Referring to FIG. 11, a histogram display screen 1100 is illustrated. In addition to the key terms being used as labels for peaks in the landscape view, the user may need access to the full distribution of terms underlying a given cell in the visualization. The term usage associated with a cell or peak is already defined by prior processing or can be easily calculated as needed. By accessing the information associated with a cell or peak, a stacked bar chart 1102 can be created that shows a visualization of all theme terms associated with a selected peak or region 1108 (FIG. 11). The bar chart may be actuated by user interaction or may be displayed automatically for cells meeting certain criteria related to the attributes associated with the selected peak or region. Invocation of the bar chart function, retrieves all associated terms 1114 and percentage value 1116 that represents the proportion of entire peak or region that the term represents. The bar chart 1102 displays the term name in close proximity to a segment of the bar chart that represents the term. The length of the segment of the bar chart relative to the entire length of the bar chart 1102 is proportional to the term's representation in the entire peak or region. The segments are ordered in decreasing value from the top to bottom of the bar chart. It should be appreciated that the segments can be ordered in an increasing order according to the percentage value. Additionally, the bar chart may be oriented horizontally rather than vertically. It should also be appreciated that a pie chart having segments corresponding to the terms may be used to represent the individual term's respective contribution to the calculation of the peak or region, in a similar manner as performed for the bar chart.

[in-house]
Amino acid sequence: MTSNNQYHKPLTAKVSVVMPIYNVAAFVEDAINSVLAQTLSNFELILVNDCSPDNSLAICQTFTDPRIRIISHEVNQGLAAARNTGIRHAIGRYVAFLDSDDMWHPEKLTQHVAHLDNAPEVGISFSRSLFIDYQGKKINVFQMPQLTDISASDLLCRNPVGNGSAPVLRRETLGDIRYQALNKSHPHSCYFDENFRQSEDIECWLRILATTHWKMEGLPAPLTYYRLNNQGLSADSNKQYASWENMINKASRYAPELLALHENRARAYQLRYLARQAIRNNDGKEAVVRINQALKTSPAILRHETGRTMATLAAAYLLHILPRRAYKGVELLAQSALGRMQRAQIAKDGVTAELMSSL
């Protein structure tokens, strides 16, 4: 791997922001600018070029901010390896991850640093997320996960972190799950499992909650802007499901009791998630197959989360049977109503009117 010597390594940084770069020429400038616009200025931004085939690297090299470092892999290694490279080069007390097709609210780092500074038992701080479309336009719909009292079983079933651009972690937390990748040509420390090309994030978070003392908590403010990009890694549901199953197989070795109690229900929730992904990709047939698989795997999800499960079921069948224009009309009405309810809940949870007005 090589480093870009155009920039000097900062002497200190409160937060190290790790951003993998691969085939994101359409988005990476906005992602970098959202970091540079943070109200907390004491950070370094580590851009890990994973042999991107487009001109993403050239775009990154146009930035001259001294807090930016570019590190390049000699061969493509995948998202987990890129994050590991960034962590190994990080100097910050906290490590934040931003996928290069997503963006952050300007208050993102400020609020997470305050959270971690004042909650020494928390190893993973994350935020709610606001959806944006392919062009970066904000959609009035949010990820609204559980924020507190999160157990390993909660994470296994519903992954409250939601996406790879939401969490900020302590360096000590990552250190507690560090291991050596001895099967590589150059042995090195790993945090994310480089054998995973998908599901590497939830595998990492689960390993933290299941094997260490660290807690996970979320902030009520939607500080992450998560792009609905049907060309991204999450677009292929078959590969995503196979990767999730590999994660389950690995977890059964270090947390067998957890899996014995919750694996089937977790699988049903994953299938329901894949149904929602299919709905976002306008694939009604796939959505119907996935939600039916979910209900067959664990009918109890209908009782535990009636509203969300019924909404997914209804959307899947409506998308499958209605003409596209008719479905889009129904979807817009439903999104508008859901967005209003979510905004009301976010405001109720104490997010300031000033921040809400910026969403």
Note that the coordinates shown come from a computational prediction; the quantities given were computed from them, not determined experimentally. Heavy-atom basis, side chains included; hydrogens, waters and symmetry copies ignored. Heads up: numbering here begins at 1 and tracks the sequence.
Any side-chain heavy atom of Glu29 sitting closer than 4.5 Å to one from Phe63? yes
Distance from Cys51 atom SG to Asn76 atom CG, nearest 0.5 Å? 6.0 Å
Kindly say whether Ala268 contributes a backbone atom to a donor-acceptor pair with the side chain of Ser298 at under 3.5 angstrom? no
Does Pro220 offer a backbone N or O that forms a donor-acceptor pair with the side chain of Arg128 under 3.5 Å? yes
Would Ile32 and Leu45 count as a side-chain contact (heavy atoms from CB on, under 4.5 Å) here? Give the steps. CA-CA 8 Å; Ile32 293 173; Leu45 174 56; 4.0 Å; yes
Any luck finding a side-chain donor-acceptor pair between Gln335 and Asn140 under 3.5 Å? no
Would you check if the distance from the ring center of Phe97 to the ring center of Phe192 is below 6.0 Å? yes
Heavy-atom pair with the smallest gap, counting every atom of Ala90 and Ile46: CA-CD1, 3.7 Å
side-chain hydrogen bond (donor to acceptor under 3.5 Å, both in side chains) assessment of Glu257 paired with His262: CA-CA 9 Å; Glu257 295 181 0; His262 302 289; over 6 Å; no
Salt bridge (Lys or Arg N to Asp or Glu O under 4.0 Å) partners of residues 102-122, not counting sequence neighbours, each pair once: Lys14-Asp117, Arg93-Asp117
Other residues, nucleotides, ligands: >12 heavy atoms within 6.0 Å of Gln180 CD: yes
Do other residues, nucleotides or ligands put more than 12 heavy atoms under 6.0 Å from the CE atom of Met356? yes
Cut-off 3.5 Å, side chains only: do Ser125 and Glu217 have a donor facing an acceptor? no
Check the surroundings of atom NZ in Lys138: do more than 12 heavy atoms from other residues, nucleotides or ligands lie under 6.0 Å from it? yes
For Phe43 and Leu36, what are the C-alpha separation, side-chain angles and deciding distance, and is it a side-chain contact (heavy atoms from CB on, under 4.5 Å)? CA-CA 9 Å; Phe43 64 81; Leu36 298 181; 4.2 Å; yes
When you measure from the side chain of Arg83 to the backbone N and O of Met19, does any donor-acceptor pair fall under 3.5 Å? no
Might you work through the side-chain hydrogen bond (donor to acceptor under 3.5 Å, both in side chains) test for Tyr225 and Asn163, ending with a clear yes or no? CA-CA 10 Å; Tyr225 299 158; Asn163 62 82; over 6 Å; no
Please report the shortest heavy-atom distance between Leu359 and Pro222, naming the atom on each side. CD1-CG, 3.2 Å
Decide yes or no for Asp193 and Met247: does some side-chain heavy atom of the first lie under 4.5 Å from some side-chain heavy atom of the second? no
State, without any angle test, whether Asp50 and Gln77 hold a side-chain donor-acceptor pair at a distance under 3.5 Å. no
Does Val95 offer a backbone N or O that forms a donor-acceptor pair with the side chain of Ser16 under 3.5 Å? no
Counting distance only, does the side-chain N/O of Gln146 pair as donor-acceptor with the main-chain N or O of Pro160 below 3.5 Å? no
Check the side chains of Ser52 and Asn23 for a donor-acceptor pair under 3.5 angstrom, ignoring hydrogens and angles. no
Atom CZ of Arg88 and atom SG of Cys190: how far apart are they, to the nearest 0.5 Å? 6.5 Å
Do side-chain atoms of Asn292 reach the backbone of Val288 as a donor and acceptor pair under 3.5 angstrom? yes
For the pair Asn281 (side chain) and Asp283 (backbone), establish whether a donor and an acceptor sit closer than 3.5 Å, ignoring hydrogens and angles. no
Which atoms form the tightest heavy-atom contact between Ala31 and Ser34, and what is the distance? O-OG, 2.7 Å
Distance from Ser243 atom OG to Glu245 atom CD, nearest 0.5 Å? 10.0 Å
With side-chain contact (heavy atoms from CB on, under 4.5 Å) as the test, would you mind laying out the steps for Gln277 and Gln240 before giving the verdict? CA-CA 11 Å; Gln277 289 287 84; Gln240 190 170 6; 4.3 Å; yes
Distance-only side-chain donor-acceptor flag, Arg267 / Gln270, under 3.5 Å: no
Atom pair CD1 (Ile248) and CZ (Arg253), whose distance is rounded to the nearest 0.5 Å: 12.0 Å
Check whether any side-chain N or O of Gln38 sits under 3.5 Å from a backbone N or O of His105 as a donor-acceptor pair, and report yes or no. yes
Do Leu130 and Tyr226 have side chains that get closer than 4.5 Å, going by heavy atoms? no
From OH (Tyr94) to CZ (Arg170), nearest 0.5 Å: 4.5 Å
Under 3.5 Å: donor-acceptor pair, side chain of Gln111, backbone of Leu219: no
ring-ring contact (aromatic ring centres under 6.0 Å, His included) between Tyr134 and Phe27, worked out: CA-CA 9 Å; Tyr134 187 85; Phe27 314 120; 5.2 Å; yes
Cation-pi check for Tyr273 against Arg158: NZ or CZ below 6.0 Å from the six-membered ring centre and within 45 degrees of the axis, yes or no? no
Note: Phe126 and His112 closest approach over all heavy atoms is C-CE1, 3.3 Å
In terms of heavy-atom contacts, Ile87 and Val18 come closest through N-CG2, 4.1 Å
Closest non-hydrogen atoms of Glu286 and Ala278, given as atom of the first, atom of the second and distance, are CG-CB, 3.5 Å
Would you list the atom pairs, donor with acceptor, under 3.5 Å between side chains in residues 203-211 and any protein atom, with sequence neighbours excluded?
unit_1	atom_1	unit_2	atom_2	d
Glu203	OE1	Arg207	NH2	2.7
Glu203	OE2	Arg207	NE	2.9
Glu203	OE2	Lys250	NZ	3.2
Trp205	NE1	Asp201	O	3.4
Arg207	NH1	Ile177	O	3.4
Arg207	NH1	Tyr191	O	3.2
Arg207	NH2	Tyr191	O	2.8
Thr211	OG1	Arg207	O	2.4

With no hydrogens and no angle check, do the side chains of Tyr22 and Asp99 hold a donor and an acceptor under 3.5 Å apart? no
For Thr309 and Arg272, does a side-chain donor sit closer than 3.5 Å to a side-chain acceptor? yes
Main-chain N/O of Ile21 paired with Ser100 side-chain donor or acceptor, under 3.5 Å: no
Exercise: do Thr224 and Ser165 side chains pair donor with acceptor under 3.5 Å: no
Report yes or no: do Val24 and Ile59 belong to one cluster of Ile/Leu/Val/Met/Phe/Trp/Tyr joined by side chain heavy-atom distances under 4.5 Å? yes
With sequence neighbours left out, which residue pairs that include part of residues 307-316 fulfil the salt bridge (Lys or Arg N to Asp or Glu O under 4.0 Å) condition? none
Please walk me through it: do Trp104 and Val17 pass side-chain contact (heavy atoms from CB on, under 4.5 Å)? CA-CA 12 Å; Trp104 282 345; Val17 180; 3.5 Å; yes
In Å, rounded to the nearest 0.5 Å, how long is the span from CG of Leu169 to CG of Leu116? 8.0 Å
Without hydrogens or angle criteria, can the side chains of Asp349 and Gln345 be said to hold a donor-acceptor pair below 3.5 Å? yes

In another embodiment, a user can invoke a color-coding screen to color code peaks according the peaks height. Upon selection of this option, a dialog box can be made available that permits the user to assign or create color maps for redundant encoding of height information in the concept landscape surface. That is, a user can designate specific colors to represent specific peak heights. Thus, the peaks of the landscape view can be color coded according to peak height.